Poetry Shelf Monday Poem: Chris Tse’s ‘Ghost poem #3—The other side of the glass’

 

Ghost poem #3—The other side of the glass

 

I was working a sausage sizzle fundraiser

on the day George Michael died. His ghost

sat with me in my car while I scrolled through

social media exploding with grief and links

to his greatest hits. George took my hand

and told me not to cry before asking why I

smelt of burning flesh. Are we in hell? he asked.

Lower Hutt, I replied. My sunburnt neck

pulsed with residual heat or perhaps it was

the spark of a memory of watching him

perform at Sydney Mardi Gras in 2010 flanked

by shirtless cowboys, leather daddies and

policemen in latex pants. I think about it

all the time. Every now and then I crave to

feel that night again, slick trepidation running

down my spine every time I locked eyes with

another guy, hoping my smile would be returned

favourably. A certain beat can unlock the body

heat of that glittering night and all the other nights

of careless yearning since then tumbling

from limb-crushing dancefloor into the crisp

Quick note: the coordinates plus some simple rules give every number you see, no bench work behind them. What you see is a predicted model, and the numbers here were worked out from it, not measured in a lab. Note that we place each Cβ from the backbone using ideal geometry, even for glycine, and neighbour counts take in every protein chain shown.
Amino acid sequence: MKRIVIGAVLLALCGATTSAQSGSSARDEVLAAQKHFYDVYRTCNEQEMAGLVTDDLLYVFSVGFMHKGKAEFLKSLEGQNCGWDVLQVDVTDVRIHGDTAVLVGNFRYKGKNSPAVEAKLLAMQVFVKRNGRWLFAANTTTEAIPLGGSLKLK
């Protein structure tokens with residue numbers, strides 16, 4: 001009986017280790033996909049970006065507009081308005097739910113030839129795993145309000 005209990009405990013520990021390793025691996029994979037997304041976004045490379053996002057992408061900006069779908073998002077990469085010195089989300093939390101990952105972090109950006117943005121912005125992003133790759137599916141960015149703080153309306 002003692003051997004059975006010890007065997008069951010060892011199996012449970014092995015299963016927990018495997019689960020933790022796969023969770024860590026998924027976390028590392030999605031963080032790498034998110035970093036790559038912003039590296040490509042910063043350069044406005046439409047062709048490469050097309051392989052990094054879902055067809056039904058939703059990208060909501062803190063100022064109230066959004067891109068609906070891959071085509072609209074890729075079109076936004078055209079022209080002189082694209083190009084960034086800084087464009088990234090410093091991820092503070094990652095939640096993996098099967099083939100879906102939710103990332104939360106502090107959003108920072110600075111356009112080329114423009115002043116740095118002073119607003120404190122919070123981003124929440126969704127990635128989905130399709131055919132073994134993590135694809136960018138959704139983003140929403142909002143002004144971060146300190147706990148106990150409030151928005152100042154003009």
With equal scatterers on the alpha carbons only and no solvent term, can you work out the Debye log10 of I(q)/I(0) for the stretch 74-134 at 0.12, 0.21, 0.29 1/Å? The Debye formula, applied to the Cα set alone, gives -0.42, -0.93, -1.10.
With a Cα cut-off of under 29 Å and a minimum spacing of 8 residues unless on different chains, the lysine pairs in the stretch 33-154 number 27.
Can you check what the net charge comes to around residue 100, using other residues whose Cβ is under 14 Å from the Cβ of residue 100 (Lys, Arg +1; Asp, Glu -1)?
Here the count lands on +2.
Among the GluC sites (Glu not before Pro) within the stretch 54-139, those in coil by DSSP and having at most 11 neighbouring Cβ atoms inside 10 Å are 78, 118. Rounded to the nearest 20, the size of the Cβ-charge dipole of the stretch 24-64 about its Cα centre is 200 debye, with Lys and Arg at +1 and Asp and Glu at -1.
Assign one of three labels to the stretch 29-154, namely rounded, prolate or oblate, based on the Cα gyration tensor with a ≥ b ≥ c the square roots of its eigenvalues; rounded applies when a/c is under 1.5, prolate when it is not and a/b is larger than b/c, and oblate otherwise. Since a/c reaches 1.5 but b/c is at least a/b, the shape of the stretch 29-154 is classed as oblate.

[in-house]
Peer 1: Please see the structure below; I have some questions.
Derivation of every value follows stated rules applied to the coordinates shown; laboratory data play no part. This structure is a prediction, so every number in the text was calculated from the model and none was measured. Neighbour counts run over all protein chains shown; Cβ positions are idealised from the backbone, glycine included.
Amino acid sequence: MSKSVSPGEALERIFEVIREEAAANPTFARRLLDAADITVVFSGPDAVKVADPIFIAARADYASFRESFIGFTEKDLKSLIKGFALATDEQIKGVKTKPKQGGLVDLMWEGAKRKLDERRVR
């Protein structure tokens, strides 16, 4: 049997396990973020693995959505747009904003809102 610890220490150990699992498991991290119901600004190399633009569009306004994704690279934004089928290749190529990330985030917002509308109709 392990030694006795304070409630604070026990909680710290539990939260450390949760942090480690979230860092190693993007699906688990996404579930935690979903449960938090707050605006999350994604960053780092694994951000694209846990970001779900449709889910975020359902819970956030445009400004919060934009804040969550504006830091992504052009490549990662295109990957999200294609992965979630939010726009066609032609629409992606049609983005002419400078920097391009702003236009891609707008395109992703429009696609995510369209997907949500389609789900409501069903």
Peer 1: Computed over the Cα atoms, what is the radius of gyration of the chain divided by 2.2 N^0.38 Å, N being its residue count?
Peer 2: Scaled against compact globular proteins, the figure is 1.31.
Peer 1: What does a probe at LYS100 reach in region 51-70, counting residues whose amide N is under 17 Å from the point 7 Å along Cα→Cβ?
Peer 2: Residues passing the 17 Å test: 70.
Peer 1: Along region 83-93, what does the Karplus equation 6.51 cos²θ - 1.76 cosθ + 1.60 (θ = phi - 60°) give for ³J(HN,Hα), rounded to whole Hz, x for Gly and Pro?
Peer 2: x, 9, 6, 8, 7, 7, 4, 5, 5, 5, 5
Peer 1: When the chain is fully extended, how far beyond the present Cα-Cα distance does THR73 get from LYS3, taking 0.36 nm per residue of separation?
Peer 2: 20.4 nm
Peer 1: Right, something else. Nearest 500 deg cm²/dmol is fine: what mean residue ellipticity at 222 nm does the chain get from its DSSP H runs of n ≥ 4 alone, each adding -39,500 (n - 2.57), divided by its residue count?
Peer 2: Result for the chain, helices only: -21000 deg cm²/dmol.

3AM air with his voice still ringing in my ears:

You’ve got to go to the city.

You’ve got to reach the other side of the glass.

Some of us are neither sunburst nor shade

but a symptom of formative summers caught

somewhere in between like hands pressed against

the edge of the rest of our lives. The glass was

my own making and all my future wonders were

one swift and decisive thought away. I wrote all

my desires in my breath for anyone to read them.

 

Chris Tse

 

 

Chris Tse is the author ofHow to be Dead in a Year of Snakes and HE’S SO MASC. He is co-editing an anthology of LGBTQIA+/Takatāpui New Zealand writers due to be published by Auckland University Press in 2021.

 

 

 

 

 

1 thought on “Poetry Shelf Monday Poem: Chris Tse’s ‘Ghost poem #3—The other side of the glass’

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